Joyce Lagow's Reviews > The Day of the Owl

The Day of the Owl by Leonardo Sciascia
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Jul 28, 15

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Read in August, 2009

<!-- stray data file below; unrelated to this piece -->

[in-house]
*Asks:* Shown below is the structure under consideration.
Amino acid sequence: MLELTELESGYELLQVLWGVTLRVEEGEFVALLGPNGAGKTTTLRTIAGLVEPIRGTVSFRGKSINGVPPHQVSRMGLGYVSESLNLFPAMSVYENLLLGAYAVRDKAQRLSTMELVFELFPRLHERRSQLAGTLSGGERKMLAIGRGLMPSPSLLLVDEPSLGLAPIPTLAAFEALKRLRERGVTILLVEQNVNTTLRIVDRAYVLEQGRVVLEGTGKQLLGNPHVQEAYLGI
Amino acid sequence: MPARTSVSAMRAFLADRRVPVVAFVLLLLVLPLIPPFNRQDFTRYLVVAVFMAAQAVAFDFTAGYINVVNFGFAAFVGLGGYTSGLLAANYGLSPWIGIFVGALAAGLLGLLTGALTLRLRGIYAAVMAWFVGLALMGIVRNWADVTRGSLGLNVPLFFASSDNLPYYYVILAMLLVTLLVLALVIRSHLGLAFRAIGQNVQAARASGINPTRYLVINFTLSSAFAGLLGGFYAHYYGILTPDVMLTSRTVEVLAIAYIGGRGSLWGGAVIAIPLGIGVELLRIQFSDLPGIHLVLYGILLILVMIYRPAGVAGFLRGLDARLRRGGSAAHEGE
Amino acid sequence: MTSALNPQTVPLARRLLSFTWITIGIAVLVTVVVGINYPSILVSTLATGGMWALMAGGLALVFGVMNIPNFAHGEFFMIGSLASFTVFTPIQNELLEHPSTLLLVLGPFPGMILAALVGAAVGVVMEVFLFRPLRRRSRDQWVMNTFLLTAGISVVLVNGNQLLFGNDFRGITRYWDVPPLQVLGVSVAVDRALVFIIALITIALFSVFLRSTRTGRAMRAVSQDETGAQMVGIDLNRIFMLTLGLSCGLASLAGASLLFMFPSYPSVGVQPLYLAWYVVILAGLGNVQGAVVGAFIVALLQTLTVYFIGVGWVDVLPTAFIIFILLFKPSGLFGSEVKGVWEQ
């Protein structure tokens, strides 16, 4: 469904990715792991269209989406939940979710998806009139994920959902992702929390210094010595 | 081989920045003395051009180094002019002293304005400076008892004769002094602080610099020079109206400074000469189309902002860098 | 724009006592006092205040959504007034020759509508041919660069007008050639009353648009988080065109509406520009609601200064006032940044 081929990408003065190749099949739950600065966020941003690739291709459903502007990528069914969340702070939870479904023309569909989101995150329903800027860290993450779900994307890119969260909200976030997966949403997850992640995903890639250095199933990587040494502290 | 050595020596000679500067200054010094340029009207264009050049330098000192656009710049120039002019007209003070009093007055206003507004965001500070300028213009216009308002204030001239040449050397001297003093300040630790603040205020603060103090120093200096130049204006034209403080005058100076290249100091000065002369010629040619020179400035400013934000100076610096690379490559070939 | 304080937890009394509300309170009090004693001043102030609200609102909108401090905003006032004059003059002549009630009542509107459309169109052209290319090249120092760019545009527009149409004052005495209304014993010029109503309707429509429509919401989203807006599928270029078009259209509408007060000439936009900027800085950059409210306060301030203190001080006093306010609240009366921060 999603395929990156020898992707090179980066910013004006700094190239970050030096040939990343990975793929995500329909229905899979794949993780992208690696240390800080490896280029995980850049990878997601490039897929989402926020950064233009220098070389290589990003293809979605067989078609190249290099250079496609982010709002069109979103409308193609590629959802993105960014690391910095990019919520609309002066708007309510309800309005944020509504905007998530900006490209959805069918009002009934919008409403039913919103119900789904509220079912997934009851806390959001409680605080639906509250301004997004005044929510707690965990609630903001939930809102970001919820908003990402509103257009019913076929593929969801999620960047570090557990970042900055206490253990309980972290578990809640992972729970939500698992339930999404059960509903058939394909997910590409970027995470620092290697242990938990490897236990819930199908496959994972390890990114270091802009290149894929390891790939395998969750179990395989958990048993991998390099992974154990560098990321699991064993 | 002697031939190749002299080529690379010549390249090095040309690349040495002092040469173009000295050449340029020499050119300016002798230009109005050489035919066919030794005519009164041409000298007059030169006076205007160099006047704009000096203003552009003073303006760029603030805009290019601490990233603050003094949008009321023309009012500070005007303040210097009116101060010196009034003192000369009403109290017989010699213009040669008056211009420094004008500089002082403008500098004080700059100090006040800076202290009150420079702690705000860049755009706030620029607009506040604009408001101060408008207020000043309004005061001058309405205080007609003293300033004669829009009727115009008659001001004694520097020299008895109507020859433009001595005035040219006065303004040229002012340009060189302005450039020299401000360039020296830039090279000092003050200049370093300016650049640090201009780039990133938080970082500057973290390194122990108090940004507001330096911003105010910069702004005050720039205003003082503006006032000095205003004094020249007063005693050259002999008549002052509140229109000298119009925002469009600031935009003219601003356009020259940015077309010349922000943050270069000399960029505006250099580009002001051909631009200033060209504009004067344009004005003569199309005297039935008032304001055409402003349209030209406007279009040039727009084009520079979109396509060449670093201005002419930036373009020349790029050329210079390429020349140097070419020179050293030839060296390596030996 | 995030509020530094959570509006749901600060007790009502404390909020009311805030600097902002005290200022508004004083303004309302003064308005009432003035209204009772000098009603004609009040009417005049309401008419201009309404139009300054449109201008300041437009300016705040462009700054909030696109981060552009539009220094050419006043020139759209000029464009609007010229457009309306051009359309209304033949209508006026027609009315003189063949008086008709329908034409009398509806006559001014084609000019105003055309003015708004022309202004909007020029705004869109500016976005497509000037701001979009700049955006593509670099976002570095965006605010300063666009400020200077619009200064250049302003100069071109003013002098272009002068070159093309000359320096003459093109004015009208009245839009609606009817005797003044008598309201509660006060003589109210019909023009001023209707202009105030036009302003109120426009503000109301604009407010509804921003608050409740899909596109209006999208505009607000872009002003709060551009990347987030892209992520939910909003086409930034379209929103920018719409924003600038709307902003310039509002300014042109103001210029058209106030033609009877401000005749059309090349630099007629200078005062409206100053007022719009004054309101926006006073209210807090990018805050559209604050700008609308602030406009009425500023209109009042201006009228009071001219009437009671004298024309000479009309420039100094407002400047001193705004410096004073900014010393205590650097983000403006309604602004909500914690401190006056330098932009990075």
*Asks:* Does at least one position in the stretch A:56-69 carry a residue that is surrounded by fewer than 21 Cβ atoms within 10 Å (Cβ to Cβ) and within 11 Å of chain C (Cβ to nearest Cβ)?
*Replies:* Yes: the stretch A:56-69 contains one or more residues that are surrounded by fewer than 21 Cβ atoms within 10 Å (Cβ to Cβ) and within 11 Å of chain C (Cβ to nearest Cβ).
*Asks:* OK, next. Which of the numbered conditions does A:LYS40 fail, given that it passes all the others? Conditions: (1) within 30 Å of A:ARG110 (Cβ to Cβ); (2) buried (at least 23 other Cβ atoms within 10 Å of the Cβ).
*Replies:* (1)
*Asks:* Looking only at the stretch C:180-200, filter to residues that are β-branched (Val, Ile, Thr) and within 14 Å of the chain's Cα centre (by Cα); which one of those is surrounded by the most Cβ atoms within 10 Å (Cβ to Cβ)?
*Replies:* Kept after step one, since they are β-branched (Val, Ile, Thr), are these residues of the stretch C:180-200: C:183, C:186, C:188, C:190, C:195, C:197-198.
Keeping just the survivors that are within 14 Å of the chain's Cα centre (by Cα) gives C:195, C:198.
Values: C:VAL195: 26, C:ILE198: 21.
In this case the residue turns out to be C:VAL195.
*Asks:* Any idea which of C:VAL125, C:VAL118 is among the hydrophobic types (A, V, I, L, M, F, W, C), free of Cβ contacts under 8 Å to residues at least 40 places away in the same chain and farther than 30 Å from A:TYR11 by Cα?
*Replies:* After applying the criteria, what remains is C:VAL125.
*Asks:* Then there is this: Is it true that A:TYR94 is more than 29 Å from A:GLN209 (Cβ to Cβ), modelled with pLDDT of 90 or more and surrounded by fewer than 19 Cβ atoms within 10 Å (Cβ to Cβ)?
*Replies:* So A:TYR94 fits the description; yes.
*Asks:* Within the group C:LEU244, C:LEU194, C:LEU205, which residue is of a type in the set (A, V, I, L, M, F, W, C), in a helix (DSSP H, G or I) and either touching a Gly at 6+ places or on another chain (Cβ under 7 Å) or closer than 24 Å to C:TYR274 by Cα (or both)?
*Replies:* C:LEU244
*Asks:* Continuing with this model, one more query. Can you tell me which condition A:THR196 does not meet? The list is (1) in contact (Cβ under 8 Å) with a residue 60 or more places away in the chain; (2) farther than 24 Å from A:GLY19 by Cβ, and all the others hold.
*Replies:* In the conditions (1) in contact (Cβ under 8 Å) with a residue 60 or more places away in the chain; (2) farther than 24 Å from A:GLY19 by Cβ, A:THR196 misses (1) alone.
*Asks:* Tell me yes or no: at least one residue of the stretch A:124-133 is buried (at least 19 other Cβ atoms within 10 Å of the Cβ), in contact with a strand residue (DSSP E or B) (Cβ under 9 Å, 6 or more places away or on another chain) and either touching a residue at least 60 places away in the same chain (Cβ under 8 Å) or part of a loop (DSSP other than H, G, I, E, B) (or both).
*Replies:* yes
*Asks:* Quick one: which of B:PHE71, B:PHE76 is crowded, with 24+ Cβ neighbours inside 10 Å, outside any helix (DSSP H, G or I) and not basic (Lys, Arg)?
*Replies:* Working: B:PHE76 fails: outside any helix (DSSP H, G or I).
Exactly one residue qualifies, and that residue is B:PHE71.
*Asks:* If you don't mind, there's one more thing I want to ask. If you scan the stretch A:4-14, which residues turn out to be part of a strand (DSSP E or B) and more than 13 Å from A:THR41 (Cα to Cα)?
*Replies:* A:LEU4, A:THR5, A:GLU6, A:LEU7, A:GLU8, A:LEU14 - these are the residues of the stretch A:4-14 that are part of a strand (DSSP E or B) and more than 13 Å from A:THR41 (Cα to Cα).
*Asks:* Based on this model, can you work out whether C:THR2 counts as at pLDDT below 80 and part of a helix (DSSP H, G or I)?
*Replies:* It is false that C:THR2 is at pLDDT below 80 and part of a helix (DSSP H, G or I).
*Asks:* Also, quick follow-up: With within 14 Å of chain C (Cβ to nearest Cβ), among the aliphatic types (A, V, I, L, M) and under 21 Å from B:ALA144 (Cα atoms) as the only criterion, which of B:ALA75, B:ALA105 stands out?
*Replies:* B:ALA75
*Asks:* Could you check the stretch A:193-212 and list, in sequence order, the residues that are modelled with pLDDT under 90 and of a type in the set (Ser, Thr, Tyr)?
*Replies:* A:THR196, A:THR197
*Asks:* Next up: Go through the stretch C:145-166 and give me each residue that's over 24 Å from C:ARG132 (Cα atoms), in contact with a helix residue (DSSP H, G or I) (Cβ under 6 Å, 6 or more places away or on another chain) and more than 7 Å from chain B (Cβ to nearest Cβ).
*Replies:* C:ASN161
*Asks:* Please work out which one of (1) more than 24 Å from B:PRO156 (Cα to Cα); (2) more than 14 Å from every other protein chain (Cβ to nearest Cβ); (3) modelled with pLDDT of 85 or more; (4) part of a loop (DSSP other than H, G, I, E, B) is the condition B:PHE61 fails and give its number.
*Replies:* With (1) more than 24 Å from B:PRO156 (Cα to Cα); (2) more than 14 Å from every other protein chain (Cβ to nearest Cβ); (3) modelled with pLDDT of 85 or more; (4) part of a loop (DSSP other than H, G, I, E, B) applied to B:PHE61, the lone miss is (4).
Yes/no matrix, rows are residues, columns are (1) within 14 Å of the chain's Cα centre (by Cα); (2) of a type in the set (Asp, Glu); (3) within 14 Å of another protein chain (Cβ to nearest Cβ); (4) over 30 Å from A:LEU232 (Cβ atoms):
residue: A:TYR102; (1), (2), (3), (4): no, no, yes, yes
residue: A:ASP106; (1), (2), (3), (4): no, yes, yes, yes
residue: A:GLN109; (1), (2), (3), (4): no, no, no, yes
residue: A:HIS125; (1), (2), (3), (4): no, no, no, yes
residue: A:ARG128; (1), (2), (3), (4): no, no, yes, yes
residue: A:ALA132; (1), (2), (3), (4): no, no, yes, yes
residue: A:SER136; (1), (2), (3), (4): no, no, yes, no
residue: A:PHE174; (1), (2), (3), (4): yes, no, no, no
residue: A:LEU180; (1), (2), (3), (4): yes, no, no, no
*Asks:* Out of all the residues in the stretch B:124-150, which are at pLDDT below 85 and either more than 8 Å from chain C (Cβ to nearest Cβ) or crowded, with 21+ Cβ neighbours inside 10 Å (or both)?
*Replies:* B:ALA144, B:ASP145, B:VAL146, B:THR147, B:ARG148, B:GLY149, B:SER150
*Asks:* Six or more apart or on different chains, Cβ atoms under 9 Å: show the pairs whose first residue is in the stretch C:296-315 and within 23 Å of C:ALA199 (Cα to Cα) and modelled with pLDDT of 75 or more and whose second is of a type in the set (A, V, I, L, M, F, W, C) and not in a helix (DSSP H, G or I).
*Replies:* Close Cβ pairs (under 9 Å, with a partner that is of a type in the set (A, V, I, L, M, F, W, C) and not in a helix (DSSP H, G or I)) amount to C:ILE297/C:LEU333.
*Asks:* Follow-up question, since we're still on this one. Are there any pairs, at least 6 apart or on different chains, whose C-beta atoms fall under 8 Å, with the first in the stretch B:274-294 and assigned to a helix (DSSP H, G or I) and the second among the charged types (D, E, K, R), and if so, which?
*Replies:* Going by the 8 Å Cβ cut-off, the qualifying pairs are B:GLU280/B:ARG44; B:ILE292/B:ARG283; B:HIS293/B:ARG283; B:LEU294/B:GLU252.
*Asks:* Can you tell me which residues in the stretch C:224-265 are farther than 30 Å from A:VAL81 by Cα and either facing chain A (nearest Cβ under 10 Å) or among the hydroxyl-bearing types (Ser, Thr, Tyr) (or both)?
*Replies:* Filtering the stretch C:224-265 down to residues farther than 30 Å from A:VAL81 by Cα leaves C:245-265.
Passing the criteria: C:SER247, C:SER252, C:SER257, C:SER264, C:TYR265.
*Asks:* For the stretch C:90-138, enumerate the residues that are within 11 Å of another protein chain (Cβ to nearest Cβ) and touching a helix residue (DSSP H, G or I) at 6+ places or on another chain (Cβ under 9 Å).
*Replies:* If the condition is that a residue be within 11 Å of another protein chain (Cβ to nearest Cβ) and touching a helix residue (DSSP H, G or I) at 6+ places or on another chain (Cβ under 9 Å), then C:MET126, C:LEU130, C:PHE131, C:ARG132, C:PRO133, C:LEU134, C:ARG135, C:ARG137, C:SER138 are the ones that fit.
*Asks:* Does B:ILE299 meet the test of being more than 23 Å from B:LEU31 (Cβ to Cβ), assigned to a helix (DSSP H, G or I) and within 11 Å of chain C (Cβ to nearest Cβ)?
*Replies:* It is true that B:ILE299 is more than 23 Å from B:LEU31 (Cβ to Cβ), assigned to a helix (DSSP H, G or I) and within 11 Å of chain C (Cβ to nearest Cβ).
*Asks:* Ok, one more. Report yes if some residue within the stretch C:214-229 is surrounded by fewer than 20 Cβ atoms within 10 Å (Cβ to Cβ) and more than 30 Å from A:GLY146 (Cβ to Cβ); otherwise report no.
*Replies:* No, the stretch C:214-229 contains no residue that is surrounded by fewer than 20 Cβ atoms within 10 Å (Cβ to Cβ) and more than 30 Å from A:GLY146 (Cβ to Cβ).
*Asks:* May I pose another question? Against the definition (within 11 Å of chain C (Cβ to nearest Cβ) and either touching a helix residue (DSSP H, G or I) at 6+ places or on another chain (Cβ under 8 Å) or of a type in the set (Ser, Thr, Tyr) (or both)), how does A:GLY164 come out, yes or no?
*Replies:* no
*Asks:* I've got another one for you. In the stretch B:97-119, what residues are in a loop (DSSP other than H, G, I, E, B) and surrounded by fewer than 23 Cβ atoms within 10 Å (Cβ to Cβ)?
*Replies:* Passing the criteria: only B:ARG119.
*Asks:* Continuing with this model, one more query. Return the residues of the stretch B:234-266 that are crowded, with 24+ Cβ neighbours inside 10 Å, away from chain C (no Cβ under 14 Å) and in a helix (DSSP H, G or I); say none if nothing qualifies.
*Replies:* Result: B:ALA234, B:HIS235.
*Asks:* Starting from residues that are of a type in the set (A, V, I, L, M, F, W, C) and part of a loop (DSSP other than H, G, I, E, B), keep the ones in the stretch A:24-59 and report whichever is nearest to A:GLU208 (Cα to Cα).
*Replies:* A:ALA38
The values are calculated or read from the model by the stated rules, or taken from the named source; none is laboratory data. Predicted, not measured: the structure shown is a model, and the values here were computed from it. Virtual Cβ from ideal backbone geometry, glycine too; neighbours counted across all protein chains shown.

The Day of the Owl[return]Leonardo Sciascia[return][return]A Sicilian, thinks Captain Bellodi, of the Carabinieri, doesn t really relate that much to the national government; that s just the outside entity that imposes taxes, police, military service. What counts--the only thing that counts--is the family, which defines a Sicilian in much the same way that a contract does between, say an Internet service provider and a client. Such a contract clearly states the rights and responsibilities of each side. This thinks Bellodi, who is from the mainland--from Parma, in central Italy--is the basis of the formal code of behavior that underlies all actions in Sicily, especially those of the mafia.[return][return]So reflects the Bellodi in this short (more a novella than novel), tautly written police procedural. It is a penetrating essay of 1960s Sicily and the almost allegorical human figures who populate the country. Bellodi is an idealistic, cultivated sensitive northerner; he meets his Sicilian counterpart in Don Arena, a mafia boss. These two characters make a whole, in terms of portraying Sicilian society and its effect on Italian politics.[return][return]Sciascia, a Sicilian who was considered one of Italy s foremost post-war writers, was a survivor of Fascist Italy and a critic of Sicilian life in a country he loved. That what he wrote about--the power of the mafia--was dangerous enough is clear from his afterword in which he makes the usual disclaimer that all characters are fictional. But Sciascia goes a big step further by saying that he did not have the freedom to write that most authors usually possess. In books and films, the United States of America can have imbecile generals, corrupt judges, and crooked police. So can England, France...Sweden and so on. Italy has never had, has not and never will have them. He makes it clear that writing about the insidious control the mafia has over Italian life is dangerous.[return][return]It s intriguing to compare Sciascia s story with those of Andrea Camilleri s Inspector Montalbano set in contemporary Sicily. Camilleri s stories occasionally include mafia figures, but he touches lightly if at all on their political influence. Donna Leon s Commissario Brunetti series, set in Venice, does describe the spreading, like a cancer, of the mafia northwards into areas that were previously untouched. But while she writes about corruption in the Italian government, she does so in general terms, more as commentaries by Brunetti and his wife Paula on the state of Italian politics (sick). Even in the era of the post-Milan crackdown on the mafia, both authors write cautiously in that regard.[return][return]That this book was considered an important work is reflected in the fact that is was republished in the US by the New York Review of Books, with an excellent introduction by George Scialabba. Highly recommended.
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